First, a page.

Tsikhanouskaya’s associate and Coordination Council member Maryia Kalesnikava has been charged under Art. 361-3 of the Criminal Code, the Belarusian Investigative Committee reports.
Kalesnikava is accused of ‘calling for actions aimed at harming the national security with the use of mass media and the Internet’.
“She is in custody. The investigation is underway,” the committee representatives say.
On September 7, Maryia Kalesnikava was kidnapped near the National Art Museum in Minsk. Unidentified people drove her away in an unknown direction. As it turned ou later, the politician spent half a day in the Main Directorate for Combating Organised Crime and Corruption; then she was taken to the State Security Committee (KGB), where the chekists demanded she voluntarily depart from Belarus. According to her, several KGB officers voiced threats to take her life.
“They warned that if I did not voluntarily leave the territory of the Republic of Belarus, I would still be withdrawn – ‘alive or ‘in pieces’,” Maryia said.
On September 8, Coordination Council spokesman Anton Radnyankou and secretary Ivan Krautsou who were forced out of Belarus gave a press conference in Kyiv. They told how the KGB failed to push Kalesnikava out the country. In the neutral zone, she destroyed her passport, jumped out of the car and returned to the Belarusian border. She was taken to prison in Minsk; later, she was transferred to the detention centre in Zhodzina. Belarusian human rights defenders put her on the political prisoners’ list that includes 58 names.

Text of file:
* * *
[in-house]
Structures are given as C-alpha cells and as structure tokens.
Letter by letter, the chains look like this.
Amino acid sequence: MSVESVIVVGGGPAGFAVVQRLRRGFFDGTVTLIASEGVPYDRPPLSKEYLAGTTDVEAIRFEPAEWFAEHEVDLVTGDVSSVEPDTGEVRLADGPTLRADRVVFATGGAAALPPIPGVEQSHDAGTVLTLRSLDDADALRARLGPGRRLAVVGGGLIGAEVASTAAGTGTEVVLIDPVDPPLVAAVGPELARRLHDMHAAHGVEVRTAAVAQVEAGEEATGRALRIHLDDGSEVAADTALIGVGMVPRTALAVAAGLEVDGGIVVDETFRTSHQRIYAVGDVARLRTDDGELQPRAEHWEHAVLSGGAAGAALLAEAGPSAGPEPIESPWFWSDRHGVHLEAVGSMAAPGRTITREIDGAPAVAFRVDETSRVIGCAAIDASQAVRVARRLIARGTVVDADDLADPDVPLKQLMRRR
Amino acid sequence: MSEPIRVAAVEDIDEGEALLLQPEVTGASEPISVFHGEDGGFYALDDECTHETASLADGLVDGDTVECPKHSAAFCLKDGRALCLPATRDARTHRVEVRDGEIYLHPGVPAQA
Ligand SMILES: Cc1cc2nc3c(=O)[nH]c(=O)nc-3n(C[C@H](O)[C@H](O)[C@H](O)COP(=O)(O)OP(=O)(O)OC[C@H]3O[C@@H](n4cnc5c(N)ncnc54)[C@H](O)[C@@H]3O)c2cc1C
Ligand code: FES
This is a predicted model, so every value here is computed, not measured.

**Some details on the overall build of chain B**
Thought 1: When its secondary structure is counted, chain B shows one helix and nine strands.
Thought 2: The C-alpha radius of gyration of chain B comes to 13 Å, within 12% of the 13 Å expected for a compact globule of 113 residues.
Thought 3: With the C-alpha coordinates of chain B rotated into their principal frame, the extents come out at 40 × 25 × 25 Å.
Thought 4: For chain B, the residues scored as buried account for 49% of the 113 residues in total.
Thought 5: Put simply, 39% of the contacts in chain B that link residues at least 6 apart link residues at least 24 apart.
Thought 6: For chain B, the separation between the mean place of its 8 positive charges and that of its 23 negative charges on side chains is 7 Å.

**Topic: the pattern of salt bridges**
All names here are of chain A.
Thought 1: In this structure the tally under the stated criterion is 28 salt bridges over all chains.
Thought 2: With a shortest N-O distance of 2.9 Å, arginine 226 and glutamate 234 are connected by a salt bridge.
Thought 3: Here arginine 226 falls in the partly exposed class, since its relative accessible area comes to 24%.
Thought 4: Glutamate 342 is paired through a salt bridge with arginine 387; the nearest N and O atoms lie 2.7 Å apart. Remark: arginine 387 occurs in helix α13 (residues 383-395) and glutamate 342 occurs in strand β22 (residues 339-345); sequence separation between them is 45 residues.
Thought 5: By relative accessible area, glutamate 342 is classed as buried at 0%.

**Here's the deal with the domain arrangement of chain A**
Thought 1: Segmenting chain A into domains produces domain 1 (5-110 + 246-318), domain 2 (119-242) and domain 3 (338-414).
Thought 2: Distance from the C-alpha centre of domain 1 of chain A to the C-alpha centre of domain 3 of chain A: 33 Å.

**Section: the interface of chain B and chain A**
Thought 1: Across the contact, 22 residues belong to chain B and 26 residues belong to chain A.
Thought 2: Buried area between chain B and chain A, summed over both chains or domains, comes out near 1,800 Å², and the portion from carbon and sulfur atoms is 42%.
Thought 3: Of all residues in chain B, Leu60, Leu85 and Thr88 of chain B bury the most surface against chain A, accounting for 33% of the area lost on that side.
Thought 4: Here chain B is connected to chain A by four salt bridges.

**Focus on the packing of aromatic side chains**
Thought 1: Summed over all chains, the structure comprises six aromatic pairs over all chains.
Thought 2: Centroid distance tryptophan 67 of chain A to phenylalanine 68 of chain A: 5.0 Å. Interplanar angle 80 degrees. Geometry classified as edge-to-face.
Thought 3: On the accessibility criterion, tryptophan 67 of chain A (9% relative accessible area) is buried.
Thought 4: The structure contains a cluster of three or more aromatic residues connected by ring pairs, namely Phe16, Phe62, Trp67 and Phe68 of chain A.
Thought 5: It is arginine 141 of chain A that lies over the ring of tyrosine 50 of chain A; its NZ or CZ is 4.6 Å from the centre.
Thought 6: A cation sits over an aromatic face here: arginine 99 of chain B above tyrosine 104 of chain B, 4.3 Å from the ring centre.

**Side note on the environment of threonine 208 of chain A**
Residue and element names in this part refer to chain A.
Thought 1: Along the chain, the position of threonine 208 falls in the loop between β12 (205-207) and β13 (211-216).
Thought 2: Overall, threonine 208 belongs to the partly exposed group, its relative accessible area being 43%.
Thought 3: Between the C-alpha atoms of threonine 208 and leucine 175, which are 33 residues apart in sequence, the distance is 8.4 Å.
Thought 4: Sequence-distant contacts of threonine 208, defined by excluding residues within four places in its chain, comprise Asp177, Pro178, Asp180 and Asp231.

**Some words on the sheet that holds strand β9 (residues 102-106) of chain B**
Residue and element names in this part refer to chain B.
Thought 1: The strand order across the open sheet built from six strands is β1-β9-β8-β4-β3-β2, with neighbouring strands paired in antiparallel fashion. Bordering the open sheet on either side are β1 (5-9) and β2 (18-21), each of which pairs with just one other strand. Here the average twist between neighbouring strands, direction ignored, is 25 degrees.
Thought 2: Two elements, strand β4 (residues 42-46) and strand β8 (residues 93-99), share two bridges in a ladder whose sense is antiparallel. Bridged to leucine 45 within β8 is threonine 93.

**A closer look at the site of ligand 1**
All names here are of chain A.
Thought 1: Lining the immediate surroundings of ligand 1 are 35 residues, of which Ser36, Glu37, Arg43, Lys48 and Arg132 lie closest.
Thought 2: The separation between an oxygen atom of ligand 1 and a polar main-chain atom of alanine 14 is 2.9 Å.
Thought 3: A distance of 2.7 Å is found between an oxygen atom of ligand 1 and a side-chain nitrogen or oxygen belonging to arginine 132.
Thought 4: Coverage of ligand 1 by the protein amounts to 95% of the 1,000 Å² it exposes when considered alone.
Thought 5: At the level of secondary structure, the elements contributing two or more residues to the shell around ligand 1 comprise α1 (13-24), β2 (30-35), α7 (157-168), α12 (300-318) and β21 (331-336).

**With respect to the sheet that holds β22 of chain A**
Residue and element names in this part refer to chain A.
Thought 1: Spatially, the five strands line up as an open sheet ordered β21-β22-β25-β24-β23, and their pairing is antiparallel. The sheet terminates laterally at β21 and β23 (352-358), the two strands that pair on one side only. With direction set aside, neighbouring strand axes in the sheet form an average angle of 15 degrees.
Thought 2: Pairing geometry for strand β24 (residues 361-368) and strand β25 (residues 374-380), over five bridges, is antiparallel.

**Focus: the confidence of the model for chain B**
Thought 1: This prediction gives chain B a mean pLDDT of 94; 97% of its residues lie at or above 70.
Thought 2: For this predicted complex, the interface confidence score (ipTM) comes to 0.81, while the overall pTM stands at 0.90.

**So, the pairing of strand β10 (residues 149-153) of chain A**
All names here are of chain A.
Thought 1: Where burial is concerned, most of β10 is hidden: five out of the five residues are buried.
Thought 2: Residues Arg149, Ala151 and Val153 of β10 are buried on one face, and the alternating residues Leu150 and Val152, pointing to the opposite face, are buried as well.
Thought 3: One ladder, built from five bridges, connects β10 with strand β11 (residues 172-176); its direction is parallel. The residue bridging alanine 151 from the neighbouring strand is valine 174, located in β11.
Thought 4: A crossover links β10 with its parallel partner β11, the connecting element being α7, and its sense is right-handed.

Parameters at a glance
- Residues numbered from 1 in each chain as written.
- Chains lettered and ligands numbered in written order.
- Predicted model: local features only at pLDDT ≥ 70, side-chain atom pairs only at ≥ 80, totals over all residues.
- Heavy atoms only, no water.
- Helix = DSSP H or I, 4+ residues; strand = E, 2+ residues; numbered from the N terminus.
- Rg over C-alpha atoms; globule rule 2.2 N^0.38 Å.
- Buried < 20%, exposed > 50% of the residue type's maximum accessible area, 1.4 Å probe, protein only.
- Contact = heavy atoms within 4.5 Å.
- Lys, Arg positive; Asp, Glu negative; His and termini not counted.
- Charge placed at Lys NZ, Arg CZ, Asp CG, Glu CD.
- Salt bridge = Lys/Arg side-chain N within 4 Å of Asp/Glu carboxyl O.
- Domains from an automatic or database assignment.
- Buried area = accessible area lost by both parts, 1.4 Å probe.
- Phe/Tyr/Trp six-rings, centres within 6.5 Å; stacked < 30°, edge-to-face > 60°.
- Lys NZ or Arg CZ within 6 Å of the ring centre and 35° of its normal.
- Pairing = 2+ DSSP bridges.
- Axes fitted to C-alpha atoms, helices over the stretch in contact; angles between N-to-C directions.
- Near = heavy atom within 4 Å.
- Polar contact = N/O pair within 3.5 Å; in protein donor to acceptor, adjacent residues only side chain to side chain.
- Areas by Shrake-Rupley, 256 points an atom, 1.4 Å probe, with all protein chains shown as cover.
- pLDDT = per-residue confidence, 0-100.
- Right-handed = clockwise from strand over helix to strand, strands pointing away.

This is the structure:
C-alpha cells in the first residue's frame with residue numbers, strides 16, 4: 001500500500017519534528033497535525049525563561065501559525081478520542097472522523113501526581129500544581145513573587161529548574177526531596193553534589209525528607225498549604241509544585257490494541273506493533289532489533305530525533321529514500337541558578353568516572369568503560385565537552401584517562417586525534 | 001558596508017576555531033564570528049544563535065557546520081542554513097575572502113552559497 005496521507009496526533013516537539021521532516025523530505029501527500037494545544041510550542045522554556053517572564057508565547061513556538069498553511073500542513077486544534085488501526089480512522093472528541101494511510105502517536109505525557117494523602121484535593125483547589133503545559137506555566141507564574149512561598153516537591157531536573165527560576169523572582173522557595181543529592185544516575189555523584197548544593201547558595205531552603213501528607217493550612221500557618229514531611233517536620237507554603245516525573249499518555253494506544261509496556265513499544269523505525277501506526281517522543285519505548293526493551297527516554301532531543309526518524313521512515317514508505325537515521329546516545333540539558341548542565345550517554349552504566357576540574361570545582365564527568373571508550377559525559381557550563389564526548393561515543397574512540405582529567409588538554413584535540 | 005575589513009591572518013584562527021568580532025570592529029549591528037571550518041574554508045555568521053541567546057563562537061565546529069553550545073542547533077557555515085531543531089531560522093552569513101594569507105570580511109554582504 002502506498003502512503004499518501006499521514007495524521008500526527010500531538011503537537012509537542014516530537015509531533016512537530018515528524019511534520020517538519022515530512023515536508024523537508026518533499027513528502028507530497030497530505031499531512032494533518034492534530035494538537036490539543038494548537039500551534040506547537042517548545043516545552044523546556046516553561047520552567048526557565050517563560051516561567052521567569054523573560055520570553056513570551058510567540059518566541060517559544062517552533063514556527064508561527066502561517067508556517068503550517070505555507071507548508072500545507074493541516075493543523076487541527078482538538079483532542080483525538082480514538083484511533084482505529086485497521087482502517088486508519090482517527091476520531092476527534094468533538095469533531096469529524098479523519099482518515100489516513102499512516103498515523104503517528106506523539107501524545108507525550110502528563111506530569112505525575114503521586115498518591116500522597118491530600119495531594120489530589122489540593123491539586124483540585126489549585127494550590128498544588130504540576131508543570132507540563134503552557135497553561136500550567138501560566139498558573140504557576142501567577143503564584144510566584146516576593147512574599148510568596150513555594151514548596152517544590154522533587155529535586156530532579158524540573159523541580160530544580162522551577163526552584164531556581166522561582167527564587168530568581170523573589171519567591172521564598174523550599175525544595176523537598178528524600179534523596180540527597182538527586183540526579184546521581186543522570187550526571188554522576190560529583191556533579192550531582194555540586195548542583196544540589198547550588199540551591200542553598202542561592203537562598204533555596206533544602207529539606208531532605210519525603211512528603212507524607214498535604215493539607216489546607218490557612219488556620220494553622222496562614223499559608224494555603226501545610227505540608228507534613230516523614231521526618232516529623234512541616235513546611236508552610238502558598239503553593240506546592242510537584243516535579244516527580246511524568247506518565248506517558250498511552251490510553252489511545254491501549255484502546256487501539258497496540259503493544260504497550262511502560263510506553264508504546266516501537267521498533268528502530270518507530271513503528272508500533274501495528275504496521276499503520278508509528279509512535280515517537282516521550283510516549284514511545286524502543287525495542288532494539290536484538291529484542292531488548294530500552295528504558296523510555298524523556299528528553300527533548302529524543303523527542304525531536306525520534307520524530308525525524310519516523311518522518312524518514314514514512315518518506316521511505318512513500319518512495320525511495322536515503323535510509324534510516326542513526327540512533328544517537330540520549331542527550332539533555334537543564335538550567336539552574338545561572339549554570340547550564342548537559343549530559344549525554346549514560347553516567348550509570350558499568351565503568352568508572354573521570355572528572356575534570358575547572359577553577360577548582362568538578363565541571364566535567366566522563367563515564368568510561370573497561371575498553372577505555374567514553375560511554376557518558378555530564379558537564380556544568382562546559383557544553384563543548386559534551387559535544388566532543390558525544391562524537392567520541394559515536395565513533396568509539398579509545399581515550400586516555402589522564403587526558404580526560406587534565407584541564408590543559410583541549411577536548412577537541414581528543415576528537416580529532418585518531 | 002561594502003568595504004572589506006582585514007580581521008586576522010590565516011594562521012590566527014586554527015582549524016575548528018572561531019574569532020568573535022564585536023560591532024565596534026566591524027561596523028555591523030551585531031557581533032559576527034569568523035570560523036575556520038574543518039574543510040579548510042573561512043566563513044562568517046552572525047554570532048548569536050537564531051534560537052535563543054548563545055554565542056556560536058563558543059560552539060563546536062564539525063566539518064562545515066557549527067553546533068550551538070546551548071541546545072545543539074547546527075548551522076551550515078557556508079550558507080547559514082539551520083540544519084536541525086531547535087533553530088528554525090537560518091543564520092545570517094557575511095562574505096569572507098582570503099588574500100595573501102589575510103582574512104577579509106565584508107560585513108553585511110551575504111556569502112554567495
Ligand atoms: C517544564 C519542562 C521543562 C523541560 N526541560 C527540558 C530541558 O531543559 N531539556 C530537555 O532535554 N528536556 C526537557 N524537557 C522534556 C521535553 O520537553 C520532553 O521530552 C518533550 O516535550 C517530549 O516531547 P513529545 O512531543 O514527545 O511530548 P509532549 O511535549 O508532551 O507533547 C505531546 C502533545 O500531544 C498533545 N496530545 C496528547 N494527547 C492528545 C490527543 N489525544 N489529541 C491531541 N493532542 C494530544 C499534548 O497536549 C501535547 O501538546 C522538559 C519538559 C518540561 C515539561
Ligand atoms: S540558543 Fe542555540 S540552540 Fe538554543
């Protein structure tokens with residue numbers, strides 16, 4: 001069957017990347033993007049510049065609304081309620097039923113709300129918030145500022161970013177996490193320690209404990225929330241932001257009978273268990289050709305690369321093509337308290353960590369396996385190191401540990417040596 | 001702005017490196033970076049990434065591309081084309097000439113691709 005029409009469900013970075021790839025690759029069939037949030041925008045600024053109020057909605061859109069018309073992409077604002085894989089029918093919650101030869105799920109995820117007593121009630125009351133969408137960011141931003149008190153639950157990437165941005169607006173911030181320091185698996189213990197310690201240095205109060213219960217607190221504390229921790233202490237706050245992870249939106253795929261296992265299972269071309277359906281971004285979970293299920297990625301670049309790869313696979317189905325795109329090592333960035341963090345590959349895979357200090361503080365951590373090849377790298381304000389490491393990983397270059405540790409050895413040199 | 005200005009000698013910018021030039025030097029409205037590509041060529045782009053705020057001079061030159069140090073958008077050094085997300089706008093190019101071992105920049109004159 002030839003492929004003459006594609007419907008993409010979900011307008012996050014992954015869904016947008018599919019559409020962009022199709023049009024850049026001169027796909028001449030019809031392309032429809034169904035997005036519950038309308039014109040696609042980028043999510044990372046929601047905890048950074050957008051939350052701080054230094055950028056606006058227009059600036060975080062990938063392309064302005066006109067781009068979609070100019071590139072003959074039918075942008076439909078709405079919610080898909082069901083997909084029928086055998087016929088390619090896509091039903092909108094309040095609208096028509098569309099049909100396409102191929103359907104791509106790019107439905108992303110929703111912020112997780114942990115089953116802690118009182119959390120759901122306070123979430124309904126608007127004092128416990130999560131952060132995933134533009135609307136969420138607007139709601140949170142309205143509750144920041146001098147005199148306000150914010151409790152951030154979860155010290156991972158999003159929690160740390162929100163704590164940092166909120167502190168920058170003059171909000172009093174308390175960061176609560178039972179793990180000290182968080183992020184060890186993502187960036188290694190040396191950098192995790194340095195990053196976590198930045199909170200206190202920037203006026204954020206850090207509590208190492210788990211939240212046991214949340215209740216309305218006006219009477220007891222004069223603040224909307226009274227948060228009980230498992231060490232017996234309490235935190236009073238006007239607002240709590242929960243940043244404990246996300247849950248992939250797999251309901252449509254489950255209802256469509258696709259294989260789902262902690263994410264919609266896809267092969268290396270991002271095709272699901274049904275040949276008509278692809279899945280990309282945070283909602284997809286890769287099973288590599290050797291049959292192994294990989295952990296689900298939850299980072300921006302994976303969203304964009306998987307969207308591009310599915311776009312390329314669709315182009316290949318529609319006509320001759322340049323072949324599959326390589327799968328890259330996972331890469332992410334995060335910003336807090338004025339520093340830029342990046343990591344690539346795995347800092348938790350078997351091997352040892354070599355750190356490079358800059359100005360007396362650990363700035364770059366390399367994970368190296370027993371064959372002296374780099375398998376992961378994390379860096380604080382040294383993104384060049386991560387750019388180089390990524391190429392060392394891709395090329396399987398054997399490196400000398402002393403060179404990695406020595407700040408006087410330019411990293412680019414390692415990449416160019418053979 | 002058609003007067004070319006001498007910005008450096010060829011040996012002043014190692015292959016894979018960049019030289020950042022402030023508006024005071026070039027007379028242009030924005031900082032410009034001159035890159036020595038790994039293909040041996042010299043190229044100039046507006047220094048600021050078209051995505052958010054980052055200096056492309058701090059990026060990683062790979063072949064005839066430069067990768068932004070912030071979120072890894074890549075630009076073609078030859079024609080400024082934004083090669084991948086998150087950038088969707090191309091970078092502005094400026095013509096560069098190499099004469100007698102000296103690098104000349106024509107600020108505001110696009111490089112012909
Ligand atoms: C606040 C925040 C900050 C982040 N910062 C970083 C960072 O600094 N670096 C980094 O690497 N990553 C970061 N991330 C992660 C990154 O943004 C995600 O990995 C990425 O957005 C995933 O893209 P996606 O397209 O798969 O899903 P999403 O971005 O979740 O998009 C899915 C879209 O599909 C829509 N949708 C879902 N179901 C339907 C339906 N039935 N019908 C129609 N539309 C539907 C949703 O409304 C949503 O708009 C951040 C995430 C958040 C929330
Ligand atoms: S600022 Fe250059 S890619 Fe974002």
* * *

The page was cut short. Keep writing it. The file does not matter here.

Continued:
Prominent Belarusian writer Svetlana Alexievich is the only one of the seven members of the board of the opposition Coordination Council (СС) who remains at large. The other representatives were jailed (Liliya Ulasava, Maryia Kalesnikava, Syarhei Dyleuski, Maksim Znak) or forced out of the country (Pavel Latushka, Volha Kavalkova).
As reported earlier, Lukashenka’s strongest rival Svyatlana Tsikhanouskaya initiated the creation of the CC as part of taking urgent measures to restore law and order in Belarus as well as to ensure the transfer of power in the country; it comprises about 600 members. Belarus’ Prosecutor General initiated criminal proceedings over establishing the Council, naming it a ‘threat to national security’. The authorities believe the body aims at seizing power in Belarus.